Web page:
Gov. Bill Walker said Friday he is heading to Japan next week to speak at a conference on liquefied natural gas and spread the word about Alaska's proven gas reserves.
Walker is listed as a keynote speaker at the LNG Producer-Consumer Conference in Tokyo on Wednesday.
He said he plans to meet with prospective LNG buyers about bringing the gas to the global market. He also plans to meet with producers, but stressed that he is not going to Japan to look for partners for a proposed major LNG project in Alaska.
Walker said he was setting up individual meetings with companies to talk about the state.
"It's much more efficient to meet with them while they are there, rather than me spending weeks, if not months, traveling around to different countries and cities to meet with different companies. They will all be there," he said at a media briefing.
Walker noted the state's market advantage, saying it has the closest U.S. gas in relation to Asia. He also said Alaska has known reserves of gas because the gas is put back into the ground during the oil extraction process.
"So it's the most proved reserves on the planet, I believe," he said.
Walker's administration has been working on advancing the project, which the governor sees as crucial for the state's future economic fortunes. Alaska depends heavily on oil revenues to fund state government and faces significant deficits amid low oil prices. Walker said Friday the state's deficit is running between $7 million and $10 million a day.
The state is using savings to help balance its budget.
The proposed $45 billion to $65 billion LNG project is still in an early stage, with no decision by its partners on whether to build it.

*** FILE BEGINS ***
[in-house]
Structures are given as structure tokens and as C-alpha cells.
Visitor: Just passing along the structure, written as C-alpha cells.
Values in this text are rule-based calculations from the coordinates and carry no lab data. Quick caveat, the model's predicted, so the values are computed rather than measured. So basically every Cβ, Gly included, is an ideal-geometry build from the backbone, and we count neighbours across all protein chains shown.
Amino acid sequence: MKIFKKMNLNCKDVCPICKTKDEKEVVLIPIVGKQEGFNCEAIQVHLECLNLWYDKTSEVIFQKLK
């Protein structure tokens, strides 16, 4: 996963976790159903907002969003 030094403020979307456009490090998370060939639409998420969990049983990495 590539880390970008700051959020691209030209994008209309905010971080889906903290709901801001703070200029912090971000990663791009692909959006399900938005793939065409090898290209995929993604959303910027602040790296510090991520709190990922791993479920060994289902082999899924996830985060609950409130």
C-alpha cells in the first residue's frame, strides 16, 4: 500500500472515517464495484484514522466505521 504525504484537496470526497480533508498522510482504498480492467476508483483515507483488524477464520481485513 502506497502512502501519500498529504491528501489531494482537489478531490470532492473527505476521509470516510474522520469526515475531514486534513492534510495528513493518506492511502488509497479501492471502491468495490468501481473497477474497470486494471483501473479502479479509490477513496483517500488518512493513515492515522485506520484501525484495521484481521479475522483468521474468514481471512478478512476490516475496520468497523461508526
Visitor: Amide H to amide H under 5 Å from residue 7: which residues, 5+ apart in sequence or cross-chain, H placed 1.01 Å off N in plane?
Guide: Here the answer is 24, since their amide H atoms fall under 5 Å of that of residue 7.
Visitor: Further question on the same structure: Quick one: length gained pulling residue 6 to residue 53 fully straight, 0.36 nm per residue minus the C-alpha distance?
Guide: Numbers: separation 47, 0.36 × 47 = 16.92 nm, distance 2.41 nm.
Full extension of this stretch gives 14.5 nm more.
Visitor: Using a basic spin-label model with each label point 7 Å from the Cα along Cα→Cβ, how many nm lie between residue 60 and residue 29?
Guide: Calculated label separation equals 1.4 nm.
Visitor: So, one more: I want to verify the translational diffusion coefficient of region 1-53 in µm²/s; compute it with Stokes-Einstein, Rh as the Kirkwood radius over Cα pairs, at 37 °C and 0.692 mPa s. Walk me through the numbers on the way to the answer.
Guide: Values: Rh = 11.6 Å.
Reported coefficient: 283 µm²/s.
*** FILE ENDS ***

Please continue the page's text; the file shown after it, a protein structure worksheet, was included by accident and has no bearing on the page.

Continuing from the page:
Walker's administration has been involved in negotiations aimed at advancing the mega-project. The goal has been to have a fall special session for state lawmakers to consider project-related contracts. Walker said Friday a special session was possible to deal with the issue of buying out TransCanada Corp.'s position in the LNG project.
Under an agreement that predates Walker's administration, the Canadian pipeline company would hold the state's interest in the pipeline and gas treatment plant, with the state having an option to buy back part of that interest. During a legislative debate on the issue last year, it was cast as a way for the state to not have to bear as much in upfront costs as it would without that partnership.
Walker has said he plans to recommend to legislators that the state buy out the position, which he estimates would cost in the range of $100 million. Under the TransCanada agreement, the state would have to reimburse TransCanada for its development costs, plus 7.1 percent.
The other partners are Exxon Mobil Corp., BP, ConocoPhillips and the Alaska Gasline Development Corp., which would hold the state's interest in liquefaction facilities.
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